It’s natural to feel lonely from time to time. This is absolutely normal. It can happen when we move house, change jobs or schools, or have to attend events or functions where we do not know anyone. These temporary feelings of loneliness only become an issue when they’re accompanied by a more persistent feeling of isolation, which can lead to depression and anxiety.

When we are lonely, we tend to put the needs of others before ourselves. And that’s not OK. We put up with bad behaviour, as the fear of being alone is greater than the reality of what we’re putting up with. We go out of our way to make other people happy so they will stay with us, rather than focus on our own expectations and desires. Unfortunately all that this serves to do is make us feel more resentful and dissatisfied, which in turn only exacerbates our feelings of loneliness.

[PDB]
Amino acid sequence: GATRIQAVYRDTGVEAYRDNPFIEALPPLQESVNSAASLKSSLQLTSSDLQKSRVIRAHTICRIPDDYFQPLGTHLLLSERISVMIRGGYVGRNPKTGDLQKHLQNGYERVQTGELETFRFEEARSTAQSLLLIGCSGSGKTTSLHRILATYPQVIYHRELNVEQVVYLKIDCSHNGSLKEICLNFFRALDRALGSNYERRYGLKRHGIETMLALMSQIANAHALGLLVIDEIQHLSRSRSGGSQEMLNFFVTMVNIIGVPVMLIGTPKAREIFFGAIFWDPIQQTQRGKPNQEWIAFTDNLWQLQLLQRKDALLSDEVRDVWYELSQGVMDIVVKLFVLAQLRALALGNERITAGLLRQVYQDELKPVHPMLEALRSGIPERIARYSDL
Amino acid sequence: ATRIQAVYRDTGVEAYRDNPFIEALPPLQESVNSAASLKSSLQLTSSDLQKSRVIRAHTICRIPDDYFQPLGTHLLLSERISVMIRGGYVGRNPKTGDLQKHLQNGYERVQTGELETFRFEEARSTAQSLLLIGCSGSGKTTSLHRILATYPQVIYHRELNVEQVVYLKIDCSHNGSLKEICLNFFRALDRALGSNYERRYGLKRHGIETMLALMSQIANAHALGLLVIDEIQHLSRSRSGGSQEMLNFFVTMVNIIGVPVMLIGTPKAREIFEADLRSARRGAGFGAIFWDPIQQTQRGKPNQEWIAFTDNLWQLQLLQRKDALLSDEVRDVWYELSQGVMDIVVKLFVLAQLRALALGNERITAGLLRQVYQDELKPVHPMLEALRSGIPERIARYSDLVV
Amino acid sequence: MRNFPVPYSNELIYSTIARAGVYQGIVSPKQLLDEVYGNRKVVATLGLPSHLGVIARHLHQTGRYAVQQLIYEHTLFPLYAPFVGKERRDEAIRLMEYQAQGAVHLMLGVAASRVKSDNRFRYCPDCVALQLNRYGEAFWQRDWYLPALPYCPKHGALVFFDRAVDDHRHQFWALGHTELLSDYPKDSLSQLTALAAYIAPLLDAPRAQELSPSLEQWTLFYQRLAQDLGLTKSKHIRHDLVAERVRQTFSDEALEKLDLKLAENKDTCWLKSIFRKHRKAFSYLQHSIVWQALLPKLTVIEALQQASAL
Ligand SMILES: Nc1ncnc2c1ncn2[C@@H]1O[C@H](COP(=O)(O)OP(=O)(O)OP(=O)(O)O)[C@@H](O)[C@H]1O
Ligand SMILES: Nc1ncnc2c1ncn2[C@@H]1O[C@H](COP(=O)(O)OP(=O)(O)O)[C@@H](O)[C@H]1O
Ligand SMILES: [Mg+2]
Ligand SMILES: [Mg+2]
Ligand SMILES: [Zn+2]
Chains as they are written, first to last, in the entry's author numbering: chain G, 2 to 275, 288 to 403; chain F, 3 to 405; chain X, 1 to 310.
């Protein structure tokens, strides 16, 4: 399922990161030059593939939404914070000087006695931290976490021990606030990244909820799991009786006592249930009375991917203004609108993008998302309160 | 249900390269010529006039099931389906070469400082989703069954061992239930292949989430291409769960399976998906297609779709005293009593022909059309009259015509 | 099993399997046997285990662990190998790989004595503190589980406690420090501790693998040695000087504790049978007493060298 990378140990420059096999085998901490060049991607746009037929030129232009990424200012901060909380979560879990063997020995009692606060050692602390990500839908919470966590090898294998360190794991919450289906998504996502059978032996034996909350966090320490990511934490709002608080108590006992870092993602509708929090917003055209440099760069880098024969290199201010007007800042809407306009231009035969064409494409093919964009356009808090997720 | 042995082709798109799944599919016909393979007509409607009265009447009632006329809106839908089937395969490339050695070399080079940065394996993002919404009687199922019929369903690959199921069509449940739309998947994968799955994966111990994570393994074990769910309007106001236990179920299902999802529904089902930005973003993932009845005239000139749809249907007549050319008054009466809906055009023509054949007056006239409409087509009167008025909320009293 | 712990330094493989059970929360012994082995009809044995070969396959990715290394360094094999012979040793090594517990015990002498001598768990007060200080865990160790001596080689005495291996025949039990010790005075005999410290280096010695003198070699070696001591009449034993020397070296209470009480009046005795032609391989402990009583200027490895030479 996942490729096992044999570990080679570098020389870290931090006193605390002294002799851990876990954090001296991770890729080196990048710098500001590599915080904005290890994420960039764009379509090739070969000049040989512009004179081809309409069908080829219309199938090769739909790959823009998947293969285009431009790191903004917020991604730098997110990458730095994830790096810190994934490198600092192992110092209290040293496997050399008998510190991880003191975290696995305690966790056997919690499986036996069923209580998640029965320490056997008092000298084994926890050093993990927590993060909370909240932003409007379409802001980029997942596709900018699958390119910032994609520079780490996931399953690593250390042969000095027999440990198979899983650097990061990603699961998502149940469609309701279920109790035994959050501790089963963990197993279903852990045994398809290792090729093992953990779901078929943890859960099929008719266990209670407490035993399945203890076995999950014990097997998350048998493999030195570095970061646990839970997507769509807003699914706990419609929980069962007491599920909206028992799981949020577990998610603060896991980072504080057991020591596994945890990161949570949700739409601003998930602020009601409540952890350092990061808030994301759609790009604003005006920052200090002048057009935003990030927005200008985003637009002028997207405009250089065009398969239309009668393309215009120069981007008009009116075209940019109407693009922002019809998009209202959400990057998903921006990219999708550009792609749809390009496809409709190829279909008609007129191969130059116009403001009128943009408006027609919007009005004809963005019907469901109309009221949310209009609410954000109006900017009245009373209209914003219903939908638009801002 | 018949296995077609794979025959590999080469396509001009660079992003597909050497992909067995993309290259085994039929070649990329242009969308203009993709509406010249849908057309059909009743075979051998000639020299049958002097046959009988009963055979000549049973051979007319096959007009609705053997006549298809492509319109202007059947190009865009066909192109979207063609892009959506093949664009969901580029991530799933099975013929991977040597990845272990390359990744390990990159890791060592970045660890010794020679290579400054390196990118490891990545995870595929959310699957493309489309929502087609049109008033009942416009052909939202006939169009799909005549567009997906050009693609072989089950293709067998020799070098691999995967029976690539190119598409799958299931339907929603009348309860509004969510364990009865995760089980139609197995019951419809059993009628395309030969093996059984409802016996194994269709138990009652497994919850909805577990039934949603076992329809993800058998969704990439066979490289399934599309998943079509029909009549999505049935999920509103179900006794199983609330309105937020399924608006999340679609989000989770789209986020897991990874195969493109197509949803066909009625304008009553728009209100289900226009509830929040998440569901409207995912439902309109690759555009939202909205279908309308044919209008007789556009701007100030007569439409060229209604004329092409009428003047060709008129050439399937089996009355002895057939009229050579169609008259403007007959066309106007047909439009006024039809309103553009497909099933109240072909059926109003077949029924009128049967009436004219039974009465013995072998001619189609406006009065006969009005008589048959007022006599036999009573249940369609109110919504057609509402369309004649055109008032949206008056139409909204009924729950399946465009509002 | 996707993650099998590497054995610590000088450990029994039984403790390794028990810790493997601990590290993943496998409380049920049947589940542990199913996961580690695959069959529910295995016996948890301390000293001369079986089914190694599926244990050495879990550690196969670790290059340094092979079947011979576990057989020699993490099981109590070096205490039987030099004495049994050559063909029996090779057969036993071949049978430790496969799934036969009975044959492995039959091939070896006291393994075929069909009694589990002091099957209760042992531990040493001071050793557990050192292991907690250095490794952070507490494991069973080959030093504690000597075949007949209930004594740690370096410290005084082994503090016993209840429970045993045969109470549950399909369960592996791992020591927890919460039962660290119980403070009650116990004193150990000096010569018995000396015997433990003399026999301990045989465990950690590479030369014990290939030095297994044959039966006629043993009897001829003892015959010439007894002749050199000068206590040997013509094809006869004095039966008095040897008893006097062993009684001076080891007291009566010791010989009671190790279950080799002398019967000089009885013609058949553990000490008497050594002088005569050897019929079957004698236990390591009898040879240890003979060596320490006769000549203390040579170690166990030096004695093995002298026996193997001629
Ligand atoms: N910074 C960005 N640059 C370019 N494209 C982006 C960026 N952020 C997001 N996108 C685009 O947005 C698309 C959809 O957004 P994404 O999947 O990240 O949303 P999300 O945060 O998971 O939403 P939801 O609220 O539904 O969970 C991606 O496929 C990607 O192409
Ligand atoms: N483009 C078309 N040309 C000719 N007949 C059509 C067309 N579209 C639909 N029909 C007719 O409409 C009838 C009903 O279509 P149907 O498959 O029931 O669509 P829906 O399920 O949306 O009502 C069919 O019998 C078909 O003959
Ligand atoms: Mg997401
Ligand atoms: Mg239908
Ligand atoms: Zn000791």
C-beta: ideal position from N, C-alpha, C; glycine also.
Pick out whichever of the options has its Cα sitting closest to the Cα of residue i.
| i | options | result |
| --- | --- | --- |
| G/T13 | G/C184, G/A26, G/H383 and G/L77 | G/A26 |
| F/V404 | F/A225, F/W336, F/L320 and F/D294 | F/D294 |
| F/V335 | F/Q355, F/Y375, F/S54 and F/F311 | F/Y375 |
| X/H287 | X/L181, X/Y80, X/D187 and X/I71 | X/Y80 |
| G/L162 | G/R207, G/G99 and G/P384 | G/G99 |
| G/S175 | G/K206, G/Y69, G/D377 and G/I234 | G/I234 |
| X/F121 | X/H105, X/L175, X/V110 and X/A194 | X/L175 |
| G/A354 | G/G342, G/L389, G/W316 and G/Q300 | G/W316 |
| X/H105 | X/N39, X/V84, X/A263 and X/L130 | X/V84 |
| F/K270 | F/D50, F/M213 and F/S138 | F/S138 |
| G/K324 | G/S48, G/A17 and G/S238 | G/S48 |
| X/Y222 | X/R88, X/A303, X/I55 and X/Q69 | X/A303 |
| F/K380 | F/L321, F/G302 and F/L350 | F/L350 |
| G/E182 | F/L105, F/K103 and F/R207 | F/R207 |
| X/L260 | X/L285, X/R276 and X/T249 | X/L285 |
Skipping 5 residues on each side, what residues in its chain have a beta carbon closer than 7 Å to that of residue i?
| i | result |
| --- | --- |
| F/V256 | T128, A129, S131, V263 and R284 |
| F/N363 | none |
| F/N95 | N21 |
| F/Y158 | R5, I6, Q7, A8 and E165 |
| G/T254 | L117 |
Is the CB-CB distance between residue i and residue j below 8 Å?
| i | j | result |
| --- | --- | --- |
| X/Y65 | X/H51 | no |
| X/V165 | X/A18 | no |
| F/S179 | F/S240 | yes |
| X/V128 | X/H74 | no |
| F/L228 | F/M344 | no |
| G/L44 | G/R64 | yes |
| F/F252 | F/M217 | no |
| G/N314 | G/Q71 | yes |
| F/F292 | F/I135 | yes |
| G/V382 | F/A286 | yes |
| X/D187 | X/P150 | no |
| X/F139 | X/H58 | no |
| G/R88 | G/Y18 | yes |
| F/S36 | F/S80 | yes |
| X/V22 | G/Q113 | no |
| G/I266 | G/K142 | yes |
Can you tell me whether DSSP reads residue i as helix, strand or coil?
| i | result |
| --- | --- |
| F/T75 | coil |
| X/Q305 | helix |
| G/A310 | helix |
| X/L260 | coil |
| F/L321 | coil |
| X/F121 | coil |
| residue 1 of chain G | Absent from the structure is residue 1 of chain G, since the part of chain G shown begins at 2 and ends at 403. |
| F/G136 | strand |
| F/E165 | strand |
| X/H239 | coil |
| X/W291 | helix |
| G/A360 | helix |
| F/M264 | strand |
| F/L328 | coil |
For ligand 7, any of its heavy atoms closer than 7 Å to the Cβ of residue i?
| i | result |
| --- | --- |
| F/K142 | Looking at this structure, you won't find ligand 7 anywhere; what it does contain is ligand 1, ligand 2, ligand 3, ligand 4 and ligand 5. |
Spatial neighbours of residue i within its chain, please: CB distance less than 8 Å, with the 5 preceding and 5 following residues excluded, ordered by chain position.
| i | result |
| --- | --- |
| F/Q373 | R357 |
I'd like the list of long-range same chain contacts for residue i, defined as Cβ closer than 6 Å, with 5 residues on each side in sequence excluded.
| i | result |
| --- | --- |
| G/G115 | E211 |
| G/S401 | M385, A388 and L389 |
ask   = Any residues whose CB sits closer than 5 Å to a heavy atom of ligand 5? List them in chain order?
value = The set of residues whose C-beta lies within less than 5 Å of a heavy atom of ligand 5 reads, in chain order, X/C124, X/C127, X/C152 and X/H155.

The key is to learn how to put a value on our own company. How we choose to spend the time that we have on our own plays a large role in our sense of personal fulfilment. Some people choose to create specific goals to help keep focused, some prefer to find an activity they enjoy and spend as much time as they can perfecting their skills. Try doing these three things to help to keep the loneliness at bay:

Practise self-love

Spend some time thinking about what your mind and body needs to feel fulfilled. This article from Psychology Today offers some great advice on how to do this.

Keep yourself occupied

Loneliness manifests itself often when we have too much time to dwell on our situation. By keeping busy, we can use the time we have alone productively, which helps the time to pass quicker.

Be grateful

Rather than focus on what is missing from your life, use some of your alone time to take stock of what you do have and the elements of your life that you are grateful for – maybe you love your job or where you live – this practice can help to keep the loneliness you’re feeling in perspective.

The mental health charity, Mind, offers some great advice on how to make new connections, as well as information on how to seek help if you feel your loneliness may be as a result of an underlying mental health issue. Read more here.

We’d love to know what you do to help keep the loneliness at bay, leave your comments below…